A hard hat hard at work!
A hard hat hard at work! Charles Mudede

Before I start this brief criticism of a Crosscut piece by the conservative columnist and radio personality John Carlson, "Workers of the world, unite — against Kshama Sawant," I must remind the reader of the first half of a sentence on page 56 of Adam Smith's The Wealth Nations, a text many on the lettered right (a dying breed for sure) consider to be the founding document of the free-market economy. Smith writes: "The masters, being fewer in number, can combine much more easily..." This, as he later points out, is not the case for those below them. Combining (forming alliances, unions, voting blocks) is much more difficult for the left because the poor, working class, and middle classes are more numerous and diverse. Let's hold that fine piece of 18th-century economic reasoning in our heads as we make our way through a very mean piece of writing that, among other things (blame the homeless for homelessness), claims "Seattle's long infatuation with leftist politics may have ended last week."

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Carlson asserts that the "angry construction workers" demanding "no tax" completely caught the left by surprise. Obviously, he has not read the first and most famous apologist of his way of thinking, Adam Smith. Many in the lettered left have. But a socialist (or me, a post-Keynesian/eco-econ/Marxist) only needs experience to know that workers do sometimes align their interests with those of their bosses. This, however, usually occurs with shallow or evanescent issues. Unions in the food and drink industry, for example, sided with their bosses to oppose Seattle's soda tax. In this case, construction workers are aligned with their bosses because Amazon threatens to stop building if the tax is passed. The hard hats have an obvious reason to break with the standard leftist position, which always and profoundly concerns the fair distribution of wealth produced by the whole society. On other and much deeper issues, such as wages and health care, they will certainly side with Sawant. In fact, even their right to exist, to unionize, would find little political support from those who fervently oppose taxes and hate Sawant, socialism, Keynesianism, Marxism, and ecological economics.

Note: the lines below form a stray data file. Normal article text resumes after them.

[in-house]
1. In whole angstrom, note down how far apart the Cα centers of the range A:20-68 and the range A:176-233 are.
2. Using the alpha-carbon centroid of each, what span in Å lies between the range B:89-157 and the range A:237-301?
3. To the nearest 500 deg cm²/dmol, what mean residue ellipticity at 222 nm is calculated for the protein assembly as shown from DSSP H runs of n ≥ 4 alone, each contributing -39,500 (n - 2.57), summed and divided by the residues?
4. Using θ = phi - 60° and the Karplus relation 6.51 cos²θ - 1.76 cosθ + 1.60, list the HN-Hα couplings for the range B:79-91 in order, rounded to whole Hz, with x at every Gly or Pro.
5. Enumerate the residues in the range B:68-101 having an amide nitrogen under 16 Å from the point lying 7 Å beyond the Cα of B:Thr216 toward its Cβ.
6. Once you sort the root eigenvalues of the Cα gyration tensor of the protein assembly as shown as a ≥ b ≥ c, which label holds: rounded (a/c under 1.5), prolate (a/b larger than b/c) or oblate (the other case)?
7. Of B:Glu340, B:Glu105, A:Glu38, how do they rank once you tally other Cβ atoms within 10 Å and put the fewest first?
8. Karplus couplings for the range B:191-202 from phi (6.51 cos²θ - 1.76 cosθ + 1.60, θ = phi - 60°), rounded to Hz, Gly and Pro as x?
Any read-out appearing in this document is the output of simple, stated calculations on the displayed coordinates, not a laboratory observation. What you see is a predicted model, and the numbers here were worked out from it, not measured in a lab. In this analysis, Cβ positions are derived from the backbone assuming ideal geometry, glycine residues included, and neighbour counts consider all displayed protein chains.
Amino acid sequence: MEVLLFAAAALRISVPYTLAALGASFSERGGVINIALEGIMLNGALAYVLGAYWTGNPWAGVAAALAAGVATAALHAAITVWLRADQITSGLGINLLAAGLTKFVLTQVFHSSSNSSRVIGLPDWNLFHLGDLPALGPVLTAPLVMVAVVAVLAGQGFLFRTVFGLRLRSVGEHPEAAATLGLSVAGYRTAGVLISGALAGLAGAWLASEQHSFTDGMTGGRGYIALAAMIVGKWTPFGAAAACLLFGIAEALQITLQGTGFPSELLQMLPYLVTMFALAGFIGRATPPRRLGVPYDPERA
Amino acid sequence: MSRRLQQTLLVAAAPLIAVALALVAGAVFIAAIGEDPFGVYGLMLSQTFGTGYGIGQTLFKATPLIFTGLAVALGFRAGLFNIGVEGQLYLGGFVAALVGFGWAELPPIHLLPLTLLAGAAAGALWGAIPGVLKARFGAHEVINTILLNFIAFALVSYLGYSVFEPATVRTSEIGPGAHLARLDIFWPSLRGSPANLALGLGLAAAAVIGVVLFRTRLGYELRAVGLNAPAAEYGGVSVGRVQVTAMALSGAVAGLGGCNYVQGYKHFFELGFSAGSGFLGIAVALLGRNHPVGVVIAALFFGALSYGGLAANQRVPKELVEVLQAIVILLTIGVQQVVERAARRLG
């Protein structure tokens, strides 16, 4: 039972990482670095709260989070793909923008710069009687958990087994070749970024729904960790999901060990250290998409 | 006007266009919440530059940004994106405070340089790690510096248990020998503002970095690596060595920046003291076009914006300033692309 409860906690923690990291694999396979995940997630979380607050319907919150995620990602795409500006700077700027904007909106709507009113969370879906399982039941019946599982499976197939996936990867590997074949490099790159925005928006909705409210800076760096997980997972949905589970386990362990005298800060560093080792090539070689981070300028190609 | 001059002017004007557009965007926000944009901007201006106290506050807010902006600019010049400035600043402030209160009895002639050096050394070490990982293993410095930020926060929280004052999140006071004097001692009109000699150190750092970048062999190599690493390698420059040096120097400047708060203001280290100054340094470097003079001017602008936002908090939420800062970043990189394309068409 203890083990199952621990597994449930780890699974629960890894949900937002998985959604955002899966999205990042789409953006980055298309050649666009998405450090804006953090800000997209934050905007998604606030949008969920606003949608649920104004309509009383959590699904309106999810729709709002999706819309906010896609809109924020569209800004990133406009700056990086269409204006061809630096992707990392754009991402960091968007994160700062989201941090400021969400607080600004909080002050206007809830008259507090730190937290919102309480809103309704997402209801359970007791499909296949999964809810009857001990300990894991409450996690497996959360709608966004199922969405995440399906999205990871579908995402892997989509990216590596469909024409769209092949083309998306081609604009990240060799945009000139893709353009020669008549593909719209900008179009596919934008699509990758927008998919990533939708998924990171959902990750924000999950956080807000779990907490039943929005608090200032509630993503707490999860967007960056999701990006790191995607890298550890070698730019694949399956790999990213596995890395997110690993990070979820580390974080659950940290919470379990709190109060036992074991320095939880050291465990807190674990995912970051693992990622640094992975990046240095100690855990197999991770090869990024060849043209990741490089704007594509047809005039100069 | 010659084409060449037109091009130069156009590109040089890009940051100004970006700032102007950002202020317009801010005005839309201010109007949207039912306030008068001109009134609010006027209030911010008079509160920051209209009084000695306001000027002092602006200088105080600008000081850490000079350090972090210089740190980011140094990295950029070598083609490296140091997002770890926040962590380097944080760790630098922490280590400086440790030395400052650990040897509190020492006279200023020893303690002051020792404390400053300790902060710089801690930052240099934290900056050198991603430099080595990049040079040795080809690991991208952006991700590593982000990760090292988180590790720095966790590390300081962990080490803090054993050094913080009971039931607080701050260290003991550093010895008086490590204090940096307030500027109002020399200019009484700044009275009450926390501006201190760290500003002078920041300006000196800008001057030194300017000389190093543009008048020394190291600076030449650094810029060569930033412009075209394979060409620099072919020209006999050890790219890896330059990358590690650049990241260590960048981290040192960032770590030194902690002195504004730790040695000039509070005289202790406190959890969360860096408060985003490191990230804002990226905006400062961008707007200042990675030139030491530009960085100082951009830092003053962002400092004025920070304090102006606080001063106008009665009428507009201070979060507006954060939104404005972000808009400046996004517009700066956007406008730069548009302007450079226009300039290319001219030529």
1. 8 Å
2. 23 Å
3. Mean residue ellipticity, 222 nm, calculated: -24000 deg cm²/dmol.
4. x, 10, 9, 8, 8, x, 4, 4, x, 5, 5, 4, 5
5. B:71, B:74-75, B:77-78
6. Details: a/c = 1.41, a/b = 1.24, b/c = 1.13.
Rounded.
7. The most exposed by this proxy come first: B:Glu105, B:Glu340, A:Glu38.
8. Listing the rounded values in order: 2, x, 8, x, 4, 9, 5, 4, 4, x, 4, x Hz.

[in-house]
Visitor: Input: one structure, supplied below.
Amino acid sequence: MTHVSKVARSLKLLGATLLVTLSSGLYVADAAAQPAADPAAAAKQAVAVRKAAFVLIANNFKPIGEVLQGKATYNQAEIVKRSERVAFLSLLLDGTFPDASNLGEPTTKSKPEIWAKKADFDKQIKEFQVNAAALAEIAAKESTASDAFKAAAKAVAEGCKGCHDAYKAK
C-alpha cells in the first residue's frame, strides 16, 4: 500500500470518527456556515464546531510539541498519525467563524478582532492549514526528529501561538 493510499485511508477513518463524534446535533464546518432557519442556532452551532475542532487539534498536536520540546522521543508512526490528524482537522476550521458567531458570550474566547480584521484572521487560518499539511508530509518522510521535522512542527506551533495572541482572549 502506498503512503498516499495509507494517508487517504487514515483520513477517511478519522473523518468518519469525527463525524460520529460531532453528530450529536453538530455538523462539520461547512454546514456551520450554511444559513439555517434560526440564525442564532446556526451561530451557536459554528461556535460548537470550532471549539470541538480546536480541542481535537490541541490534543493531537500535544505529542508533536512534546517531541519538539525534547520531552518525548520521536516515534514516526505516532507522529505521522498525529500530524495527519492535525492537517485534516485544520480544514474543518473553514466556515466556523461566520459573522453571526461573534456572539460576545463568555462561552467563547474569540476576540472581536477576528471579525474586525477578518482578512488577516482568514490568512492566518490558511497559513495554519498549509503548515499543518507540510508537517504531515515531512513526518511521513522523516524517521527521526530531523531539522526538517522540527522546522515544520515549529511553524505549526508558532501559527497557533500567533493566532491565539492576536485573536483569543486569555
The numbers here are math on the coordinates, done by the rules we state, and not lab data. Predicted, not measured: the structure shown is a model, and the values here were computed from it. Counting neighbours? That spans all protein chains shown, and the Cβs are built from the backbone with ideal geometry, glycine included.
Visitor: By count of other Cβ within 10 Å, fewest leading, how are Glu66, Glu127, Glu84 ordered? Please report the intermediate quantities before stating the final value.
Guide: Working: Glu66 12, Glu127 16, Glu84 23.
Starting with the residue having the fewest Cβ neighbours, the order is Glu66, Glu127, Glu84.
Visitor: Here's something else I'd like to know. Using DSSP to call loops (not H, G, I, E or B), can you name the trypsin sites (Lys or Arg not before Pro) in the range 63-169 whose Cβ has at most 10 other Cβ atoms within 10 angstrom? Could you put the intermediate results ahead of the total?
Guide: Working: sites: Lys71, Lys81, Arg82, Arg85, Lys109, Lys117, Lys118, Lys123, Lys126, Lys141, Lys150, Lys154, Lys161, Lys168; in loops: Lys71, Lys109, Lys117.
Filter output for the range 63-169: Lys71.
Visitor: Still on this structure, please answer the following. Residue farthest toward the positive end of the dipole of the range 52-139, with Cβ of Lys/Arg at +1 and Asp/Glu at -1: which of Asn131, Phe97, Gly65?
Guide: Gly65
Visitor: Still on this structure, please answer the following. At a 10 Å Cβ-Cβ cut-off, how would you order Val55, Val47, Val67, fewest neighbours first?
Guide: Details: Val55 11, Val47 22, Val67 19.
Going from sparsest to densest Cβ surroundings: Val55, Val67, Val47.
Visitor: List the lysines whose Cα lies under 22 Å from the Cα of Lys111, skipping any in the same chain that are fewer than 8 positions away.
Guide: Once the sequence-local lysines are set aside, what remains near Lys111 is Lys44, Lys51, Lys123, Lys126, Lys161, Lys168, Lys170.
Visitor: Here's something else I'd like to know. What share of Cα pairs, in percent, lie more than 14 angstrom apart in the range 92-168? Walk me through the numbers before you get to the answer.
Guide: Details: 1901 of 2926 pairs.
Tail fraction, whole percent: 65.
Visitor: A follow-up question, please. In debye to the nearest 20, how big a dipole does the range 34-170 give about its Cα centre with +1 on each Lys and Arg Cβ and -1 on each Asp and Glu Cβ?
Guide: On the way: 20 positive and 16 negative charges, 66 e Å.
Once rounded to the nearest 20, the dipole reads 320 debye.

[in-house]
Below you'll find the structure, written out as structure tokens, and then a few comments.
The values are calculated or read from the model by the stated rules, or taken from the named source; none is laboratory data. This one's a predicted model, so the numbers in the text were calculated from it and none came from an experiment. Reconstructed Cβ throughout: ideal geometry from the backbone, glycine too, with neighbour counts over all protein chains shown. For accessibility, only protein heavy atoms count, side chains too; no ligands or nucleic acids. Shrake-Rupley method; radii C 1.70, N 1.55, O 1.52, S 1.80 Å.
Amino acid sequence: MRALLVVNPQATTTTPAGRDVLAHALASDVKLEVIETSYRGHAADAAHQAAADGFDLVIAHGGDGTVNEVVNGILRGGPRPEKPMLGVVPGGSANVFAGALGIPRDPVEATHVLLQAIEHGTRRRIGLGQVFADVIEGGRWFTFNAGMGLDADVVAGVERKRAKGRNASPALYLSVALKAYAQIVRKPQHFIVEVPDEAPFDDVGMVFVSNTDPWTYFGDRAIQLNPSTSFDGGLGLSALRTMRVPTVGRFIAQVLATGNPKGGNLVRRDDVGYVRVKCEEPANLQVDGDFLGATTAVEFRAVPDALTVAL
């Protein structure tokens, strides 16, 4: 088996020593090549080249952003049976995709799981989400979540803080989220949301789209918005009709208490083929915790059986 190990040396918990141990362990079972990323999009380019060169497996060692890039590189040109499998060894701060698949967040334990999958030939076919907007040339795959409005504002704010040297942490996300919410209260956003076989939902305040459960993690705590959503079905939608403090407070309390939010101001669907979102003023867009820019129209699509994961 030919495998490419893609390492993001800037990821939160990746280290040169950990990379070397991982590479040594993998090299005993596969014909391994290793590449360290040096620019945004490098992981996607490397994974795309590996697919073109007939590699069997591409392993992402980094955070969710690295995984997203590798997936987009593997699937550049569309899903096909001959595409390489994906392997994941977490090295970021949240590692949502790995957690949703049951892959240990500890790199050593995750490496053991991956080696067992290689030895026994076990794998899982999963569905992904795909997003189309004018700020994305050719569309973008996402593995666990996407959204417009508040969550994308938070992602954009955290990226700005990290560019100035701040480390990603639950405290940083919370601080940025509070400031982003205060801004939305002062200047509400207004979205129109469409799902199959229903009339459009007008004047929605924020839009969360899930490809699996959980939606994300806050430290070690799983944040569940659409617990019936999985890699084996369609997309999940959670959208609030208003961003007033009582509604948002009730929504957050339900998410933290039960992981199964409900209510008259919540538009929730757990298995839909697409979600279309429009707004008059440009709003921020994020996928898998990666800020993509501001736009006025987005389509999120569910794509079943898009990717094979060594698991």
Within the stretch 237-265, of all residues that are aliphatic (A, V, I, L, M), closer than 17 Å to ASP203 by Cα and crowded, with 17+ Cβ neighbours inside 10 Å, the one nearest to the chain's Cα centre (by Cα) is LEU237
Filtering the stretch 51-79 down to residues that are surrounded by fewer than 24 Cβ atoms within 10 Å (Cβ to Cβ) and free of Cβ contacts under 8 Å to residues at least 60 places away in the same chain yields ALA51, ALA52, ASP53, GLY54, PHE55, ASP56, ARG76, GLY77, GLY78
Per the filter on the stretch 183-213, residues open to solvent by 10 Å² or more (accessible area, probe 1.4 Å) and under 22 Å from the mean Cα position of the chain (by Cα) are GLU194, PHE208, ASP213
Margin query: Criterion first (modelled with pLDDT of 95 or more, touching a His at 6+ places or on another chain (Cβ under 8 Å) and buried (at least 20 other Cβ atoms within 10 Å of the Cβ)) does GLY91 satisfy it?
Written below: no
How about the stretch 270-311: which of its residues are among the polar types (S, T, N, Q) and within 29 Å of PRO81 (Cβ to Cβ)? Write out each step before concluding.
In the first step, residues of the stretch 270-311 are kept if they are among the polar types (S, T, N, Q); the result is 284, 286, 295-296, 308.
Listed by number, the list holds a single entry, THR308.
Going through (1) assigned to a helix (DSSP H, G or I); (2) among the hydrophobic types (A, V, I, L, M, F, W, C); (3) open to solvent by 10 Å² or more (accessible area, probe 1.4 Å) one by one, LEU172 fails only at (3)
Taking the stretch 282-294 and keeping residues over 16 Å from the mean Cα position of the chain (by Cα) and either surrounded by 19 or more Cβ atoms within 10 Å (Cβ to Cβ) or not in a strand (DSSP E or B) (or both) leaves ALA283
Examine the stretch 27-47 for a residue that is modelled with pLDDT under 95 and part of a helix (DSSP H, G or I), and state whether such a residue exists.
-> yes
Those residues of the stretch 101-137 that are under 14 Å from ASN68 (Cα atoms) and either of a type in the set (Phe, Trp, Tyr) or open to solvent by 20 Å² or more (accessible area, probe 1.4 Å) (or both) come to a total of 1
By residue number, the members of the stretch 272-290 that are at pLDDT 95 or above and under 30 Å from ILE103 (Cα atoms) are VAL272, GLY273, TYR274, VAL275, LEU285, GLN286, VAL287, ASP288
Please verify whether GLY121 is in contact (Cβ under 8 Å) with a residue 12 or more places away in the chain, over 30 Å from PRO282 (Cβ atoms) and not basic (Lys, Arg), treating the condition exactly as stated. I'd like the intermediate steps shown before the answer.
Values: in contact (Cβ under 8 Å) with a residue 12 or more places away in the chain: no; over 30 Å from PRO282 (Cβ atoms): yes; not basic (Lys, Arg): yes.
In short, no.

Adam Smith, in this regard, is again informative: "We have no acts of parliament against combining to lower the price of work; but many against combining to raise it." To combine as workers is to unionize.

Also, it's nothing but bizarre or myopic for Carlson to see a sea-change in Seattle politics by connecting the anger of the NIMBYs in Ballard with the anti-head tax hard hats. Those groups are more often at odds than in harmony. If the NIMBYs had their way in this city, a lot of future construction projects, and the jobs they promise, would be tossed in the bin without hesitation or thought. In fact, the developers (the men and women who pay builders) frequently turn to leftist urbanists for political support. This is HALA in a nutshell. Those on this part of the left want developers to increase the number and height of buildings in all neighborhoods. Their program is to increase density by sharply decreasing single-family zoning, which presently commands over half of the city's land. This urbanist program, which has gained political support in City Hall over the years, must certainly keep many NIMBYs up at night; and I would not at all be surprised if a study found that the fear of upzoning was the leading cause of death bed in many single-family homes in North Seattle.